FBI Attorney Clinesmith Did NOT Enter a Guilty Plea On Friday To the Filed Information -- That Is Not Normal

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FILE – In this April 25, 2006, file photo, John Durham speaks to reporters on the steps of U.S. District Court in New Haven, Conn. On Monday, Aug. 24, 2009, Attorney General Eric Holder is assigned prosecutor John Durham to investigate CIA mistreatment of terror suspects. (AP Photo/Bob Child, File)


Yesterday I filed a “hot take” story on the breaking news that former FBI Attorney Kevin Clinesmith was set to plead guilty to a single charge of making a “False Statement” in violation of 18 U.S.C. Section 1001, in relation to his actions in altering key information about Carter Page’s history as a CIA cooperating source, which resulted in false information being submitted as part of the FISA process leading to a FISA warrant targeting Page.

A couple things happened during the course of the day that is unusual and raises questions in my mind based on my experience.  Before I get to those I want to address a few important facts about Clinesmith, and clean up a few details from my story yesterday that wasn’t precisely correct when taking into account both the Inspector General’s Report on Four FISAs that first “outed” Clinesmith’s illegal actions, and the description of those actions in the Information filed yesterday.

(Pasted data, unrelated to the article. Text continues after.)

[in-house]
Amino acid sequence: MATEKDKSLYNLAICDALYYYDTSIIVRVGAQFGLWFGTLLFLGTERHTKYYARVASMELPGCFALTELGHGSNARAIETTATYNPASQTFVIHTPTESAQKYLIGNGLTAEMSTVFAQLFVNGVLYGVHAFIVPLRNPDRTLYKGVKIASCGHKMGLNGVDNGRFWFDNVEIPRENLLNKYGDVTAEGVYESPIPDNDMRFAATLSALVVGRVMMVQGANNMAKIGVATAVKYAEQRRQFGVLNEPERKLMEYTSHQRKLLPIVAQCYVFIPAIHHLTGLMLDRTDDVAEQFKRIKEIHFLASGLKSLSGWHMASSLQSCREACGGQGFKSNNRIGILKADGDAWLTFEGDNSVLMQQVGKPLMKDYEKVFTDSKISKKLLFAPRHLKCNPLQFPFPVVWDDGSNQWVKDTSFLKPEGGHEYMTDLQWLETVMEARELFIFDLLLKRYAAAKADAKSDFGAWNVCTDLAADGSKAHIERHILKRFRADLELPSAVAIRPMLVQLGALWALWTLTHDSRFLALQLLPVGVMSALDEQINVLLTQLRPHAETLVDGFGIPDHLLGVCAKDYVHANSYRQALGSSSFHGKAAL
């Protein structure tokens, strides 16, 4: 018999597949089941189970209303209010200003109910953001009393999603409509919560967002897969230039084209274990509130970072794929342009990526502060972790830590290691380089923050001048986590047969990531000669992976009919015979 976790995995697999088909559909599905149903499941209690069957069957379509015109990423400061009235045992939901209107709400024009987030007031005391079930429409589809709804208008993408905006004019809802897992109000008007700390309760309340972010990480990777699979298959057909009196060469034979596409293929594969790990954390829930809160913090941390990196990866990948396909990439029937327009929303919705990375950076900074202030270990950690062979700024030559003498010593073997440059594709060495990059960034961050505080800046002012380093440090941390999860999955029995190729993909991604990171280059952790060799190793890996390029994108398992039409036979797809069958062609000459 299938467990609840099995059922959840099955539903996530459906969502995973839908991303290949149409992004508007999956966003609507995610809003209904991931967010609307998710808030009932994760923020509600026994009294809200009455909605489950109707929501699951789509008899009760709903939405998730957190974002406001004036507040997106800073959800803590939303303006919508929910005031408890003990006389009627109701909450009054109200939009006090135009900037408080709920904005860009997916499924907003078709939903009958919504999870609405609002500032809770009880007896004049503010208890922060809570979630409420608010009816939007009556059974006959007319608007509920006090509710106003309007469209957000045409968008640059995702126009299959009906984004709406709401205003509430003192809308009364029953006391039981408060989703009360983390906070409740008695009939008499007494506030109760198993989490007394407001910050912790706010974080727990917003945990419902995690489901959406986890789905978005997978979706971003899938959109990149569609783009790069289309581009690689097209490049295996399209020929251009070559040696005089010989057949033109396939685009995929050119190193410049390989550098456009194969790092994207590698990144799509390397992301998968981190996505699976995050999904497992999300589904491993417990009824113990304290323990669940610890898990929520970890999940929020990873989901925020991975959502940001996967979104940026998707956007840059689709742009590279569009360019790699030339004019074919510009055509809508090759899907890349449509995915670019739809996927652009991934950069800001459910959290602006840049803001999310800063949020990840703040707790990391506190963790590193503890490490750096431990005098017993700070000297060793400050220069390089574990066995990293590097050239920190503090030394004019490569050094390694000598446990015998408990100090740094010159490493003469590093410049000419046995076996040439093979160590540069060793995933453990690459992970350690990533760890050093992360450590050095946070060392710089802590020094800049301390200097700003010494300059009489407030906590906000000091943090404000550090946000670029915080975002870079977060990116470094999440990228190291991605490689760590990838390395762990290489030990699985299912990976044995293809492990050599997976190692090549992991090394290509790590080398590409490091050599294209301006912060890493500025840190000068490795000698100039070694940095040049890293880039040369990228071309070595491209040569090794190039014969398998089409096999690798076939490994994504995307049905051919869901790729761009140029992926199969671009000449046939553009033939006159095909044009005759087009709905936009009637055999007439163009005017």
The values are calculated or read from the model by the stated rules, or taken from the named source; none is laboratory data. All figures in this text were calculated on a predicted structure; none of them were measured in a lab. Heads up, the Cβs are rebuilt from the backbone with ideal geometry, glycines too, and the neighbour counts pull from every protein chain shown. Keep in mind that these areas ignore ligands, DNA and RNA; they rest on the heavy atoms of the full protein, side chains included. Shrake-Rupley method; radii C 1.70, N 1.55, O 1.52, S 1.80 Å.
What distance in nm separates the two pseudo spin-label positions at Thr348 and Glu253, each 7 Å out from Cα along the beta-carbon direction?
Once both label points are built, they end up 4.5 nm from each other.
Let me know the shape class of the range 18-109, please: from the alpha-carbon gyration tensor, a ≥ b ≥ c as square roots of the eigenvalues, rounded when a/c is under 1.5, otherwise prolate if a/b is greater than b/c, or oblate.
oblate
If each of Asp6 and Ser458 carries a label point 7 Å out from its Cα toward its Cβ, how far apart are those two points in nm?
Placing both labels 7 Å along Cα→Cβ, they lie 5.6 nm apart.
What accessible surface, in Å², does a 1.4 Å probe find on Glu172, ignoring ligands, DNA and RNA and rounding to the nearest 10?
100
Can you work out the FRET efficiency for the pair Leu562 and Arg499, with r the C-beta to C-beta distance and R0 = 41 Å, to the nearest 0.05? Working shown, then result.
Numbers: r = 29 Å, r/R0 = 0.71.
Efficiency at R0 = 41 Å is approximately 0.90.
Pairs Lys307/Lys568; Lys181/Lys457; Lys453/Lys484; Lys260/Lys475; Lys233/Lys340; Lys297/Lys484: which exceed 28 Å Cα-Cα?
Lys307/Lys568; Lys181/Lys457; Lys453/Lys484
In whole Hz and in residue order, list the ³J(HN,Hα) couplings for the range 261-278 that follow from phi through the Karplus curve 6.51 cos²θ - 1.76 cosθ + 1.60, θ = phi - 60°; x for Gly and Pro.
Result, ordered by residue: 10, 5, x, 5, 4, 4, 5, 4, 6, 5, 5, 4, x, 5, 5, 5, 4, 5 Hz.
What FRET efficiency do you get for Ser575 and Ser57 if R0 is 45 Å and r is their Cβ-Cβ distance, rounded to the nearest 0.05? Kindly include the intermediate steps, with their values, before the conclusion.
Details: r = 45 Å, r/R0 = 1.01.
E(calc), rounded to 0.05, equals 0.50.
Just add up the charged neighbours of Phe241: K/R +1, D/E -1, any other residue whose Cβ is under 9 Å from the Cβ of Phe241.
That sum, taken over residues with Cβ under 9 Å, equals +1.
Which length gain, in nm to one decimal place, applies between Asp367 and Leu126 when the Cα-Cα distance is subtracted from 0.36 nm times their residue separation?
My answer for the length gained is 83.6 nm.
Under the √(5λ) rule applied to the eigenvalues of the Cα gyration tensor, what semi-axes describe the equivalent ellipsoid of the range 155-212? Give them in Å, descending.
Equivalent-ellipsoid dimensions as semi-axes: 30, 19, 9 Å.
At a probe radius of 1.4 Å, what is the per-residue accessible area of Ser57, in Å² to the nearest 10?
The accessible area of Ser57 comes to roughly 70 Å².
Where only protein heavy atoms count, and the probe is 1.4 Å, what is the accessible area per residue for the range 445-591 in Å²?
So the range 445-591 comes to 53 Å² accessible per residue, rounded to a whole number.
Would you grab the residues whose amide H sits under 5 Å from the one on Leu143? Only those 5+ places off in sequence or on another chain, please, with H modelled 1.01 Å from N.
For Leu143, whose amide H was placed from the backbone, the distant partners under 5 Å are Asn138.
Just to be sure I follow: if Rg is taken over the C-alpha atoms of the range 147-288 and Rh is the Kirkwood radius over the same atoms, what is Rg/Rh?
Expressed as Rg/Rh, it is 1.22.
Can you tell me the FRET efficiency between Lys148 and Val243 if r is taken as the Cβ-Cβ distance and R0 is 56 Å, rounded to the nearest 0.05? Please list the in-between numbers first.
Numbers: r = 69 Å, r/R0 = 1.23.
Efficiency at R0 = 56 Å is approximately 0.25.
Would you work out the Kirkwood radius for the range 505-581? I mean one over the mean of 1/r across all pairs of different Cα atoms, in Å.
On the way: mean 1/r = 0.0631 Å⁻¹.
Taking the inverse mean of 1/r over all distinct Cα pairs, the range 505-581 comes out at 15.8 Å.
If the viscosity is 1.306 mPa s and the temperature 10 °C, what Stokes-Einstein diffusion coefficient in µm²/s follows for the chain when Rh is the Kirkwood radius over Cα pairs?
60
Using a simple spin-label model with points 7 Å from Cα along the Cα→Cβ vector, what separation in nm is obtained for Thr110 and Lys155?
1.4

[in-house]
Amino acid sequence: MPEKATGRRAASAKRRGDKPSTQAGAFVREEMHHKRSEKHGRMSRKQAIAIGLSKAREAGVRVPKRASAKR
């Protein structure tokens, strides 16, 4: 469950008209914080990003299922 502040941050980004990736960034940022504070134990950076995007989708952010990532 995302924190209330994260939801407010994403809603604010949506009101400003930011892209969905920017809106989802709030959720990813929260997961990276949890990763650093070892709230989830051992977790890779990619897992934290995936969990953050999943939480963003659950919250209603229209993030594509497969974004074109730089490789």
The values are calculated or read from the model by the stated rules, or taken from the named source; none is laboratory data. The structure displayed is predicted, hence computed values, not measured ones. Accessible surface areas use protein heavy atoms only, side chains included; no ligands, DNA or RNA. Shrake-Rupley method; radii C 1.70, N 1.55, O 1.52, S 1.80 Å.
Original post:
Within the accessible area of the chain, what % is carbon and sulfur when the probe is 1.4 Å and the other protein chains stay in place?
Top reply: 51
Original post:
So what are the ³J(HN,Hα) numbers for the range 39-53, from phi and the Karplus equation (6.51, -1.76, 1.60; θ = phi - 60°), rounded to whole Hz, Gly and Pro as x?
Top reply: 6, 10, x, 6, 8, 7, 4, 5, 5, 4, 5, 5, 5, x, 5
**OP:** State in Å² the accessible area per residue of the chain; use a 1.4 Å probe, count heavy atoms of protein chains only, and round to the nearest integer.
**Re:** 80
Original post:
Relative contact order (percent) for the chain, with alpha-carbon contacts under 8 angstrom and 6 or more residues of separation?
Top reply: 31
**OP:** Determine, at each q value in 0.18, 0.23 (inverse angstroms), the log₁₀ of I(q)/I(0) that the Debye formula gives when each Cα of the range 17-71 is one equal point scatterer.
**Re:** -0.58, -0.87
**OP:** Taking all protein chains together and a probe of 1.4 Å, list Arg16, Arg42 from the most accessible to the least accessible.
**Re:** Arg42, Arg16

First, Kevin Clinesmith was not an FBI Agent.  He was an attorney hired by the FBI into a legal position — a position in the FBI’s General Counsel’s Office.  These are “in-house” lawyers at the FBI who handle all kinds of legal issues as part of the FBI’s internal operations but have limited involvement in the actual work investigating cases.  Their responsibilities depend on their assignment, but as a general matter, they ensure FBI policies and procedures are being complied with by Agents and Supervisors as they go about conducting counterintelligence and criminal investigations.  But depending on the case and the case agent, they can be tasked with performing specific tasks in support of an investigation.  In the case of Clinesmith’s misconduct, he was tasked by the original case agent with finding out from the CIA if Carter Page had any history of cooperation as a source of information about anything involving Russia.

One fact about Clinesmith’s employment history set forth in the Information I find shocking — the Information states that Clinesmith’s employment with the Bureau as an OGC attorney began July 12, 2015.  That is only slightly more than one year prior to Crossfire Hurricane (CH) being opened.  So the FBI assigned an attorney with ONE YEAR OF EXPERIENCE in the Bureau to work on a Counter-Intelligence investigation opened against he Presidential candidate of the party out-of-power to determine whether that candidate had illegal connections to a hostile foreign power????